Advertisement

Ecological Research

, Volume 25, Issue 2, pp 375–381 | Cite as

Species assortment or habitat filtering: a case study of spider communities on lake islands

  • Werner Ulrich
  • Izabela Hajdamowicz
  • Marcin Zalewski
  • Marzena Stańska
  • Wojciech Ciurzycki
  • Piotr Tykarski
Original Article

Abstract

Competition theory predicts that species of similar ecological niches are less likely to coexist than species with different niches, a process called species assortment. In contrast, the concept of habitat filtering implies that species with similar ecological requirements should co-occur more often than expected by chance. Here we use environmental and ecological data to assess patterns of co-occurrence of regional communities of spiders distributed across two assemblies of lake islands in northern Poland. We found aggregated and random co-occurrences of species of the same genus and a significant tendency of species segregation across genera. We also found that species of the same genus react similarly to important environmental variables. A comparison of ecological traits of species of the local communities with those expected from a random sample from the regional Polish species pool corroborated partly the habitat filtering hypothesis. On the other hand, we did not find evidence for species assortment. Our results also imply that at least some observed species co-occurrences result from niche differentiation.

Keywords

Araneae Spiders Habitat filtering Phylogenetic signal Species/genus ratios Canonical correspondence analysis Ordination 

Notes

Acknowledgments

We thank Maciej Kamiński and the Wigry National Park staff for their generous help during field studies. Andreas Hirler helped to compile data of habitat use and phylogeny. Miss Hazel Pearson kindly improved our English. This work was supported by a grant from the Polish Science Committee (PBZ KBN 087 P04 2003 01 20).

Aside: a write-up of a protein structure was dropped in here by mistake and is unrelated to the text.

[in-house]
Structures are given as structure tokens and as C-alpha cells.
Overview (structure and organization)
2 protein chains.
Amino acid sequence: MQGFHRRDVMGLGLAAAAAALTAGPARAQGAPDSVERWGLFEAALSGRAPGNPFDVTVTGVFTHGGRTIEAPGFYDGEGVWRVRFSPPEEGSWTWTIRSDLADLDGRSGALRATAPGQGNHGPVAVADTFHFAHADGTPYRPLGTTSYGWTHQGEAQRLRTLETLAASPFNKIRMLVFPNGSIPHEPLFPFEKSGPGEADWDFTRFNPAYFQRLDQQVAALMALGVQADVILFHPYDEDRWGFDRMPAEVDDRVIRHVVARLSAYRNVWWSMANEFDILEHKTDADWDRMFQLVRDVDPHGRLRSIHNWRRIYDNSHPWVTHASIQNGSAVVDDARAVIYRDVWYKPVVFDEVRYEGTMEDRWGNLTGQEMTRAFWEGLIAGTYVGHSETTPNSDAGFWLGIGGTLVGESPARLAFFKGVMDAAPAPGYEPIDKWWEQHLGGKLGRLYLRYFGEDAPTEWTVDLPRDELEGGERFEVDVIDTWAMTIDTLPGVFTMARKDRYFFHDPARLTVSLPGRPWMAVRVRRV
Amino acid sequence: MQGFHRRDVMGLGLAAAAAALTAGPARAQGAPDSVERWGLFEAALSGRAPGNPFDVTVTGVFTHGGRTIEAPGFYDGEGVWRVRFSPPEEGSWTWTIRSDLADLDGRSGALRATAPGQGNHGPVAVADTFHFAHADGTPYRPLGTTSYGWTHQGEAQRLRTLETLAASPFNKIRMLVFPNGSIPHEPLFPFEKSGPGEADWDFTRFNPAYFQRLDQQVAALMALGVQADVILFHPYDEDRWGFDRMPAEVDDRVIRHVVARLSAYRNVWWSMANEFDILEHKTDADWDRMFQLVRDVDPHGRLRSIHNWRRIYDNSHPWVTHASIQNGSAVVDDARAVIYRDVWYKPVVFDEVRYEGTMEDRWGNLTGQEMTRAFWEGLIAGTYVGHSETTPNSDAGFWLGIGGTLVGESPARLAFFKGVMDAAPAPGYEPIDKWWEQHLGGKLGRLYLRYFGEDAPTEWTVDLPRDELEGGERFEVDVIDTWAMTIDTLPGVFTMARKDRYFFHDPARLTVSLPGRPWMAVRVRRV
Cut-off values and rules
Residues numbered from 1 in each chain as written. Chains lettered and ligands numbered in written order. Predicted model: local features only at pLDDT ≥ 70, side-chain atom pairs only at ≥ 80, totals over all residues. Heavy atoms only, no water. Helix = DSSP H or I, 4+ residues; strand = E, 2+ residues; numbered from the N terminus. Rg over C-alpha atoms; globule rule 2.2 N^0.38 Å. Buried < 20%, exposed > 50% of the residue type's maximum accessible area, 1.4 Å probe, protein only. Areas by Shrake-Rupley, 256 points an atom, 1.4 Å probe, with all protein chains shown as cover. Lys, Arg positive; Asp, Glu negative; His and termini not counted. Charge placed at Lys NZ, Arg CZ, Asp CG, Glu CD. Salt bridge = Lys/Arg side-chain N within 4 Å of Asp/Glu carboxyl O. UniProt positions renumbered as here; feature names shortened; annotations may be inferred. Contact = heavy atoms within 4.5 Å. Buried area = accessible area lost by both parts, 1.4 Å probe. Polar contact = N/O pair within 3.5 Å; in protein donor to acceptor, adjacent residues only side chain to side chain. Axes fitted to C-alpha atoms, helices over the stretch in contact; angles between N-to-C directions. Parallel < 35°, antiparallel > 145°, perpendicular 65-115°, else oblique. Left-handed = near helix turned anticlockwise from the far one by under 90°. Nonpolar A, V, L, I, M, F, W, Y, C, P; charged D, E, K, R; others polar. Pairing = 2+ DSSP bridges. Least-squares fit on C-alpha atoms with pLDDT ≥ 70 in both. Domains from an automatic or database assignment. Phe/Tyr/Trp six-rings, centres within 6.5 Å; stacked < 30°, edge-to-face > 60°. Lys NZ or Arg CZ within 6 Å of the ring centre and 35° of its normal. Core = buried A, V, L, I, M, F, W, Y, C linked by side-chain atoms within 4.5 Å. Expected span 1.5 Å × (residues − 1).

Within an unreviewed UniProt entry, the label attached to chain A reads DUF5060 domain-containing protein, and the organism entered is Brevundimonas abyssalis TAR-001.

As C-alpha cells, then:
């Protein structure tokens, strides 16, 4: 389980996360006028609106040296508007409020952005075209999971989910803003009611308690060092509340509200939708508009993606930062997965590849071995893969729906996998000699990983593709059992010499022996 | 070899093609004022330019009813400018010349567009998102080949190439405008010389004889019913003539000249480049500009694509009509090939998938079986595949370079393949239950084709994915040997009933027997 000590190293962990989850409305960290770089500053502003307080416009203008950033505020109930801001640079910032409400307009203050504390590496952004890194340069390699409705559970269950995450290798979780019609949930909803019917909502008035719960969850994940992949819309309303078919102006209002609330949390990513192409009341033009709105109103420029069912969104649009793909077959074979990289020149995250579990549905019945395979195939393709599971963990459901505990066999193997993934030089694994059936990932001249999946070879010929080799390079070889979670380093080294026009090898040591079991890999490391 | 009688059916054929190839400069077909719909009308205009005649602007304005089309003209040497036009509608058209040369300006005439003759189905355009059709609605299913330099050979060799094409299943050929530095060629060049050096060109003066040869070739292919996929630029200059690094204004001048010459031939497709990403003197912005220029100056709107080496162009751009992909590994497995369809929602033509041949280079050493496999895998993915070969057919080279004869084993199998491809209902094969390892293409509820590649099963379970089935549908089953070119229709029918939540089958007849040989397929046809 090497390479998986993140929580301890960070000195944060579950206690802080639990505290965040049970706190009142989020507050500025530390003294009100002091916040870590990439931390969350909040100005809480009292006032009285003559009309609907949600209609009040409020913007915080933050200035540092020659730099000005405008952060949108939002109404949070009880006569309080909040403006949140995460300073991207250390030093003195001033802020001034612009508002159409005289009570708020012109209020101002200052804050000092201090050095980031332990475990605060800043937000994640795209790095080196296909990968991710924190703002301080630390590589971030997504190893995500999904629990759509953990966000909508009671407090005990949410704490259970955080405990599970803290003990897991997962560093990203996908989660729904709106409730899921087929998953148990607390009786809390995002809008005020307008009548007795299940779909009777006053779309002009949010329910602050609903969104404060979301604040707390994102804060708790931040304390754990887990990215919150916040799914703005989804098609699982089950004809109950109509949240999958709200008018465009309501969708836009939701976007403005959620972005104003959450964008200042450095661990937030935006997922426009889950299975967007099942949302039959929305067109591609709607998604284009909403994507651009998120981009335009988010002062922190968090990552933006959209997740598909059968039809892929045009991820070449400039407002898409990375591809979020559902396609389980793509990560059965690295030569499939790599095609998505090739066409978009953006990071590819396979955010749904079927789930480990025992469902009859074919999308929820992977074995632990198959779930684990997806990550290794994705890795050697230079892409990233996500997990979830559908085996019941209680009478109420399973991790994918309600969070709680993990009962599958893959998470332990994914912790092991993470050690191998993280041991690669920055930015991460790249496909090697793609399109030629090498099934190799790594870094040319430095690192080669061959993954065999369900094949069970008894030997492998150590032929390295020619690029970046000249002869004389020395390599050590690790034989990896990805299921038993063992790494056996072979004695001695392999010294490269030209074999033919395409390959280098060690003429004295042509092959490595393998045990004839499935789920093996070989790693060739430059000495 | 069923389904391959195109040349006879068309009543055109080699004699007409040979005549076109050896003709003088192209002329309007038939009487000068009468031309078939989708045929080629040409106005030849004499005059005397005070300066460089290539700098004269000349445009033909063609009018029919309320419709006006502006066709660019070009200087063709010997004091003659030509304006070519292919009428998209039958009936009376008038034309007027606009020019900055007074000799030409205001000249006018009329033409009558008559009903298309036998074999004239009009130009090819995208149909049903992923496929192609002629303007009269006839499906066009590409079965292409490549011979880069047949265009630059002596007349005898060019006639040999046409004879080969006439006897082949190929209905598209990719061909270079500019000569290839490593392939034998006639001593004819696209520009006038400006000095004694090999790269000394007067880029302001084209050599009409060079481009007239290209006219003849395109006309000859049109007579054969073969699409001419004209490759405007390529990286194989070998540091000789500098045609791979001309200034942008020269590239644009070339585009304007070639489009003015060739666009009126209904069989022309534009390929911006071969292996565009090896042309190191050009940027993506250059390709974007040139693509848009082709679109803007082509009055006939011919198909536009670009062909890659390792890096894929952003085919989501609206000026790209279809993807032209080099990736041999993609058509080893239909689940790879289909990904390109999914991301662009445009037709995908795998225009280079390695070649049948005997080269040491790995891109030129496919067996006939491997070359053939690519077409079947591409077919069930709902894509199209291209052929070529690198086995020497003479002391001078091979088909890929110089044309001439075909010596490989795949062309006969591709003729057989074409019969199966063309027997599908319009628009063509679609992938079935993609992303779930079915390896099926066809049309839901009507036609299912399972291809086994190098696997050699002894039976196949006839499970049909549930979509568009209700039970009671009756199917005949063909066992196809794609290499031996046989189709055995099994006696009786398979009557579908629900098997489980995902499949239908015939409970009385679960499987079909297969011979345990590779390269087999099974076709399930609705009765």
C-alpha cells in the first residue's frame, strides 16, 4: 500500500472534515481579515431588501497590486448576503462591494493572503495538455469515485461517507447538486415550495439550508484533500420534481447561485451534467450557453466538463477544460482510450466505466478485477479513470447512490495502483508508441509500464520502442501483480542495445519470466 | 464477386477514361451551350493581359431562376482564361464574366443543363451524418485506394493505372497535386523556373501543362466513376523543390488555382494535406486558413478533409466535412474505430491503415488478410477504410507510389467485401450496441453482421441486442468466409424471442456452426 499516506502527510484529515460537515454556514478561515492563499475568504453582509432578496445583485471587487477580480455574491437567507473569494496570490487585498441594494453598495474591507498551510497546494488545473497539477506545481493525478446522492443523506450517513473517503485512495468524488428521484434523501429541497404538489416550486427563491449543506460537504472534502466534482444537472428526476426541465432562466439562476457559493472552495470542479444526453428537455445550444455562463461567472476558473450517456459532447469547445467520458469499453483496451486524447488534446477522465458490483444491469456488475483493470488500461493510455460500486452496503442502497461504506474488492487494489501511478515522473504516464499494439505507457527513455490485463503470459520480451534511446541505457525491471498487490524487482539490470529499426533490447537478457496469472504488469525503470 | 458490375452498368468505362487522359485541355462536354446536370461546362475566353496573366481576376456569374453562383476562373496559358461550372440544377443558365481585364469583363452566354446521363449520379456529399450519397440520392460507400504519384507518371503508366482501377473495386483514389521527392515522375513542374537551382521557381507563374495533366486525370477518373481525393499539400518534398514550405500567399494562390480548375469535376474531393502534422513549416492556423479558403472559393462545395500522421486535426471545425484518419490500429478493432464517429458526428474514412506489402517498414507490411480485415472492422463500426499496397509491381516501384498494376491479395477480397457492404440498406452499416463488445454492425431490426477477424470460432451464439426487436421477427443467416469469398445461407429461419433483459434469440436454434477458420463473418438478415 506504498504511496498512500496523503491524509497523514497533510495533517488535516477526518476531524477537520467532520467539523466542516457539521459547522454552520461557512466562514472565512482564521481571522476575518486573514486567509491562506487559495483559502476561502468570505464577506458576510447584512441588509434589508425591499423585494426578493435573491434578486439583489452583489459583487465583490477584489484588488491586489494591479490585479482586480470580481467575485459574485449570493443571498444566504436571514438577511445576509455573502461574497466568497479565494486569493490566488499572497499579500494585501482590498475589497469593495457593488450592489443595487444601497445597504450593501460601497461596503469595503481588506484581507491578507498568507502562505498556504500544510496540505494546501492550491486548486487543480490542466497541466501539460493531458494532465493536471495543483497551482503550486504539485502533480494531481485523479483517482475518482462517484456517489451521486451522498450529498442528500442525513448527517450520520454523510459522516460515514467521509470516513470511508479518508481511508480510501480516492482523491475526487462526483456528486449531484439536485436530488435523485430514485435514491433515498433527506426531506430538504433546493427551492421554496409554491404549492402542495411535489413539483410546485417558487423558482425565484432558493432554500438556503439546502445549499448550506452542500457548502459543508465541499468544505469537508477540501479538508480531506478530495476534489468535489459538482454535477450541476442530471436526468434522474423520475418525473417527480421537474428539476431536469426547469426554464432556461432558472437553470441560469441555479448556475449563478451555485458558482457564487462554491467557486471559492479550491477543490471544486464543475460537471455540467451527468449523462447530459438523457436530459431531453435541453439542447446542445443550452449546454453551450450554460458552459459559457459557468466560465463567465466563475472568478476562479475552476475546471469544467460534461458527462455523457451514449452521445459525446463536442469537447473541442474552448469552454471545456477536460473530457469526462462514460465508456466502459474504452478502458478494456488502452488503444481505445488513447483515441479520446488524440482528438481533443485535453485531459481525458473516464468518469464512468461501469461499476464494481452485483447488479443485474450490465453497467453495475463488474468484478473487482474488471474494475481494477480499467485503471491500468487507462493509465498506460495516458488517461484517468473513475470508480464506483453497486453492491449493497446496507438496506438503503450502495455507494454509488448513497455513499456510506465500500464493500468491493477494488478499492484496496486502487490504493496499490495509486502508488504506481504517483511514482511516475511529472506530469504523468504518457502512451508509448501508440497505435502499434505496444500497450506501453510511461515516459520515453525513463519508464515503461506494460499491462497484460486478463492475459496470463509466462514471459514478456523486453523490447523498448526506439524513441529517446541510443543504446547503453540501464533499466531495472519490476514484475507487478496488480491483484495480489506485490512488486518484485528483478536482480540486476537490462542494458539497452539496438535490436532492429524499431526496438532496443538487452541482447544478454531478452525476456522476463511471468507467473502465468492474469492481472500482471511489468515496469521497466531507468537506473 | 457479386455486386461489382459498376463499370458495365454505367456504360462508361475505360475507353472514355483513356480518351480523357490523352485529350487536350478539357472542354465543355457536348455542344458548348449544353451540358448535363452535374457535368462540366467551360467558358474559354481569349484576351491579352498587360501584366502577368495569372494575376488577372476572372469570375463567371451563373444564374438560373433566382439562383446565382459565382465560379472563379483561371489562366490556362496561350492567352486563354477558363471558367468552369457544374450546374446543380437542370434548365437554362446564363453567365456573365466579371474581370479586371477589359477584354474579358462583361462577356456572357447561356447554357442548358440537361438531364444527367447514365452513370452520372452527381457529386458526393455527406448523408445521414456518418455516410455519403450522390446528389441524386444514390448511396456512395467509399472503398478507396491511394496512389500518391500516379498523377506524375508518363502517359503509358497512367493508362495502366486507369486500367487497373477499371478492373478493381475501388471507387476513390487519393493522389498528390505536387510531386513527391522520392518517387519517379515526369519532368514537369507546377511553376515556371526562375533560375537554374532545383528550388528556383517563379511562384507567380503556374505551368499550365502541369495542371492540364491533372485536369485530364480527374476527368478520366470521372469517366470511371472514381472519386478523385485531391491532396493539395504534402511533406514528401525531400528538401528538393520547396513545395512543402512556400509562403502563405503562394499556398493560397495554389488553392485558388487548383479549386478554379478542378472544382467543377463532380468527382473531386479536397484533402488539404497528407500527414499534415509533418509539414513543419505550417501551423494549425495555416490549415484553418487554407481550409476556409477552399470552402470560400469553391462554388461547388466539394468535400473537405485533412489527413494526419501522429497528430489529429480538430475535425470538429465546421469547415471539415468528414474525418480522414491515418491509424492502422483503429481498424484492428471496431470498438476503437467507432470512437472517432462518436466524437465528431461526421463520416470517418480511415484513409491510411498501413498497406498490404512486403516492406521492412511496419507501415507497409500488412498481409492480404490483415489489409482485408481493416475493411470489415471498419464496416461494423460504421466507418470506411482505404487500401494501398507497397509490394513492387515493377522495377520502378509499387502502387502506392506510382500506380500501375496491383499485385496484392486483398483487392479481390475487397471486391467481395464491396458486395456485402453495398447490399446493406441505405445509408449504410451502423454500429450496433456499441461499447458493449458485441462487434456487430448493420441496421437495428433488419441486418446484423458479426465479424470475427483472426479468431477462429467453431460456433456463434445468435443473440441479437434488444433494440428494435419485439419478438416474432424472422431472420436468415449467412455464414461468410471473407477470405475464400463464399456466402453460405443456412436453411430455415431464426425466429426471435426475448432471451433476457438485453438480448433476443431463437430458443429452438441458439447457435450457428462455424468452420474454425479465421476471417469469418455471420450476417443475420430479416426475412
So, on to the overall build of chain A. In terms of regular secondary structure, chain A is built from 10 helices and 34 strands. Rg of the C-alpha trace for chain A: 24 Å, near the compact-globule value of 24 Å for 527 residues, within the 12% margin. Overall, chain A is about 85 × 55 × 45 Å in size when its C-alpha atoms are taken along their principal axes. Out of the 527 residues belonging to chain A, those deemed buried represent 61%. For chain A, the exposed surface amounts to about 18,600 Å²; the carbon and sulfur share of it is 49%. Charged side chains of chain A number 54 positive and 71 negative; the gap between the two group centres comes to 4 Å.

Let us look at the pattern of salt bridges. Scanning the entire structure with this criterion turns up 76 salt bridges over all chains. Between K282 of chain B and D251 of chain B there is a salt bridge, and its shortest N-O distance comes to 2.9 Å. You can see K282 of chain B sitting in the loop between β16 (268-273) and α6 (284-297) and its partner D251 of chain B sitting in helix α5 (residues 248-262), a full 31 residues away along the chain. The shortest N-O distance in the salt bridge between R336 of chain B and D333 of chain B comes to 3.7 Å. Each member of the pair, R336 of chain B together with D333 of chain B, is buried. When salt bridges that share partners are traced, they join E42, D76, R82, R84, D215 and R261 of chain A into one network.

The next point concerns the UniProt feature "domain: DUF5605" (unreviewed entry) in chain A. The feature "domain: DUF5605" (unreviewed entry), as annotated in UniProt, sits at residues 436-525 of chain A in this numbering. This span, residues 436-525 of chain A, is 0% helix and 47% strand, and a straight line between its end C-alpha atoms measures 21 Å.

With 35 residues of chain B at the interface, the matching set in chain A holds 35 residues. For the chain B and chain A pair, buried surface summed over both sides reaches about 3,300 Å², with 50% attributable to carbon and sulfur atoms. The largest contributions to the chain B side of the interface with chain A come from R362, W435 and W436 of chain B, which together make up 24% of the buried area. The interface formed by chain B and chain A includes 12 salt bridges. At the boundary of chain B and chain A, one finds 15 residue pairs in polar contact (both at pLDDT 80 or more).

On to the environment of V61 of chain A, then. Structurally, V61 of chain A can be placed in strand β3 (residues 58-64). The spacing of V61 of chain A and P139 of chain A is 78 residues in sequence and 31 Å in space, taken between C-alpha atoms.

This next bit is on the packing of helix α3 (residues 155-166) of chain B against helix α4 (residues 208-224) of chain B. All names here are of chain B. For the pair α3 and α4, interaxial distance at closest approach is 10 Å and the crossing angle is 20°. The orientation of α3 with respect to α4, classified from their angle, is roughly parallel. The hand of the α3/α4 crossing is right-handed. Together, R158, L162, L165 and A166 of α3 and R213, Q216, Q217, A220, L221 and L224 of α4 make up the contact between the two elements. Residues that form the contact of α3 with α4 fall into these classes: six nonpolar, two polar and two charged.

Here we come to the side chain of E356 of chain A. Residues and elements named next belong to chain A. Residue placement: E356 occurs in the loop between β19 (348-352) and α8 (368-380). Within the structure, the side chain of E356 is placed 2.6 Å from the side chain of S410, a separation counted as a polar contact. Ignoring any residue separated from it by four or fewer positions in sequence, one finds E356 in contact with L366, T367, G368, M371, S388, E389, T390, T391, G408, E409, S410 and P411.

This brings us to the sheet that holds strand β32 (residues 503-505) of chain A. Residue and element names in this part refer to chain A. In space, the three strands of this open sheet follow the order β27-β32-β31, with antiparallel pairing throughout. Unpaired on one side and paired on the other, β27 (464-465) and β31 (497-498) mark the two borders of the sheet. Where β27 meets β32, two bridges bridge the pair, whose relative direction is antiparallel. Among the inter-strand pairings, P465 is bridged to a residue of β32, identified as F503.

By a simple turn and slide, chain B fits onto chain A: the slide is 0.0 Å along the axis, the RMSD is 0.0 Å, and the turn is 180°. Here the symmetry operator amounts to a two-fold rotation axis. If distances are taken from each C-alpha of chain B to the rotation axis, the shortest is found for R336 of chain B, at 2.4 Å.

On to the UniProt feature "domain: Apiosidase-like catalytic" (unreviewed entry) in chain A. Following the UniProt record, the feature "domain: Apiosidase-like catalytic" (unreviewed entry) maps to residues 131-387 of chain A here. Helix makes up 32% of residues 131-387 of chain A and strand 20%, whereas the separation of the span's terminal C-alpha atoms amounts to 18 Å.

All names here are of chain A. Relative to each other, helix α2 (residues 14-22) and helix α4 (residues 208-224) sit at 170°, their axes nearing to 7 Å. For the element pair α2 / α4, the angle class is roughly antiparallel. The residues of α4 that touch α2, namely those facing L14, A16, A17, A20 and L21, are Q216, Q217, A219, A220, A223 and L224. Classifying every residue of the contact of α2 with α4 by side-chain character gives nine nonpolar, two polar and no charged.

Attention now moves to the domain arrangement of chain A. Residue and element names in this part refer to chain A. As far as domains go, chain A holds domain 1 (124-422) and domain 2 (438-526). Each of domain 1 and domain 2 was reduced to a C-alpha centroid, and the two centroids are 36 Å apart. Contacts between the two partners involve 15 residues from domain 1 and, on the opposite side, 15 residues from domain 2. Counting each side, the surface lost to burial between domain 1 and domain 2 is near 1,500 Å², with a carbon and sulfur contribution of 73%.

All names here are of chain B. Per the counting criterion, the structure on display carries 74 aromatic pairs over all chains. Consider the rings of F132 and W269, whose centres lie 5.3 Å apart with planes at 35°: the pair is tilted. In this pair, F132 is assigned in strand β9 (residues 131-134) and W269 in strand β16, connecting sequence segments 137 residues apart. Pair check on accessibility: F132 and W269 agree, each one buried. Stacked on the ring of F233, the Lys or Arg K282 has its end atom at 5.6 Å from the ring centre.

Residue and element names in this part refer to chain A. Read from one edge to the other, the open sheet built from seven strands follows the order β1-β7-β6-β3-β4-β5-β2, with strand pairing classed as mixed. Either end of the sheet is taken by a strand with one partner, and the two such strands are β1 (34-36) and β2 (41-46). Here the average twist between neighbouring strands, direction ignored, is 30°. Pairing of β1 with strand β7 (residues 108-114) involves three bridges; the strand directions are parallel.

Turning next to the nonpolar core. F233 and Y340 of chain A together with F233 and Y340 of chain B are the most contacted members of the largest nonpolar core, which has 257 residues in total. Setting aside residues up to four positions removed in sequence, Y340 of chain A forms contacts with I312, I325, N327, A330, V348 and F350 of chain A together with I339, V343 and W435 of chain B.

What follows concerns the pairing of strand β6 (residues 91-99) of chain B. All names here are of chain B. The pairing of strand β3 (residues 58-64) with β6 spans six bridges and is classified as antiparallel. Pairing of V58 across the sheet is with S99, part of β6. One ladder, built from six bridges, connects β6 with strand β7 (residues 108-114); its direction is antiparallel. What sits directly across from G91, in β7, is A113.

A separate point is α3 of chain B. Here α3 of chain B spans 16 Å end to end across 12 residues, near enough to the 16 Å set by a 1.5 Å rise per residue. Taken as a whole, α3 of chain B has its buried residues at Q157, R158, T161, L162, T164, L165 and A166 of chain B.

References

  1. Arachnological Section of Polish Zoological Society (2008) Check-list of spiders (Araneae) of Poland. http://www.arachnologia.edu.pl
  2. Barluenga M, Stölting KM, Salzburger W, Muschick M, Meyer A (2006) Sympatric speciation in Nicaraguan crater like cichlid fish. Nature 439:719–723CrossRefPubMedGoogle Scholar
  3. Bell G (2005) The co-distribution of species in relation to the neutral theory of community ecology. Ecology 86:1757–1770CrossRefGoogle Scholar
  4. Brualdi RA, Sanderson JG (1999) Nested species subsets gaps and discrepancy. Oecologia 119:256–264CrossRefGoogle Scholar
  5. Chase T, Leibold MA (2003) Ecological niches: linking classical and contemporary approaches. Chicago University Press, ChicagoGoogle Scholar
  6. Chave J (2004) Neutral theory and community ecology. Ecol Lett 7:241–253CrossRefGoogle Scholar
  7. Cornwell WK, Schwilk DW, Ackerly DD (2006) A trait-based test for habitat filtering: convex hull volume. Ecology 87:1465–1471CrossRefPubMedGoogle Scholar
  8. Darwin C (1959) On the origin of species. J. Murray, LondonGoogle Scholar
  9. Davies TJ (2006) Evolutionary ecology: when relatives cannot live together. Curr Biol 16:R646CrossRefGoogle Scholar
  10. Diamond JM (1975) Assembly of species communities. In: Cody ML, Diamond JM (eds) Ecology and evolution of communities. Harvard University Press, Harvard, pp 342–444Google Scholar
  11. Donoghue MJ (2008) A phylogenetic perspective on the distribution of plant diversity. Proc Natl Acad Sci 105:11549–11555CrossRefPubMedGoogle Scholar
  12. Ellenberg H et al (1992) Zeigerwerte von Pflanzen in Mitteleuropa. Scripta Geobot 18:1–258Google Scholar
  13. Emerson BC, Gillespie RG (2008) Phylogenetic analysis of community assembly and structure over space and time. Trends Ecol Evol 23:619–630CrossRefPubMedGoogle Scholar
  14. Entling W, Schmidt MH, Bacher S, Brandl R, Nentwig W (2007) Niche properties of Central European spiders: shading moisture and the evolution of the habitat niche. Global Ecol Biogeogr 16:440–448CrossRefGoogle Scholar
  15. Gotelli NJ (2000) Null model analysis of species co-occurrence patterns. Ecology 81:2606–2621CrossRefGoogle Scholar
  16. Gotelli NJ, Graves GR (1996) Null models in ecology. Smithsonian Institution Press, Washington, DCGoogle Scholar
  17. Heimer S, Nentwig W (1991) Spinnen Mitteleuropas. Ein Bestimmungsbuch, PareyGoogle Scholar
  18. Hubbell SP (2001) The unified neutral theory of biodiversity and biogeography. Princeton University Press, Princeton, New JerseyGoogle Scholar
  19. Johnson MTJ, Stinchcombe JR (2007) An emerging synthesis between community ecology and evolutionary biology. Trends Ecol Evol 22:250–257CrossRefPubMedGoogle Scholar
  20. Kembel SW, Hubbell SP (2006) The phylogenetic structure of a neotropical forest tree community. Ecology 87:86–99CrossRefGoogle Scholar
  21. Kraft NJB, Cornwell WK, Webb CO, Ackerly DD (2007) Trait evolution community assembly and the phylogenetic structure of ecological communities. Am Nat 170:271–283CrossRefPubMedGoogle Scholar
  22. Kraft NJB, Valencia R, Ackerly DD (2008) Functional traits and niche-based tree community assembly in an Amazonian forest. Science 322:580–582CrossRefPubMedGoogle Scholar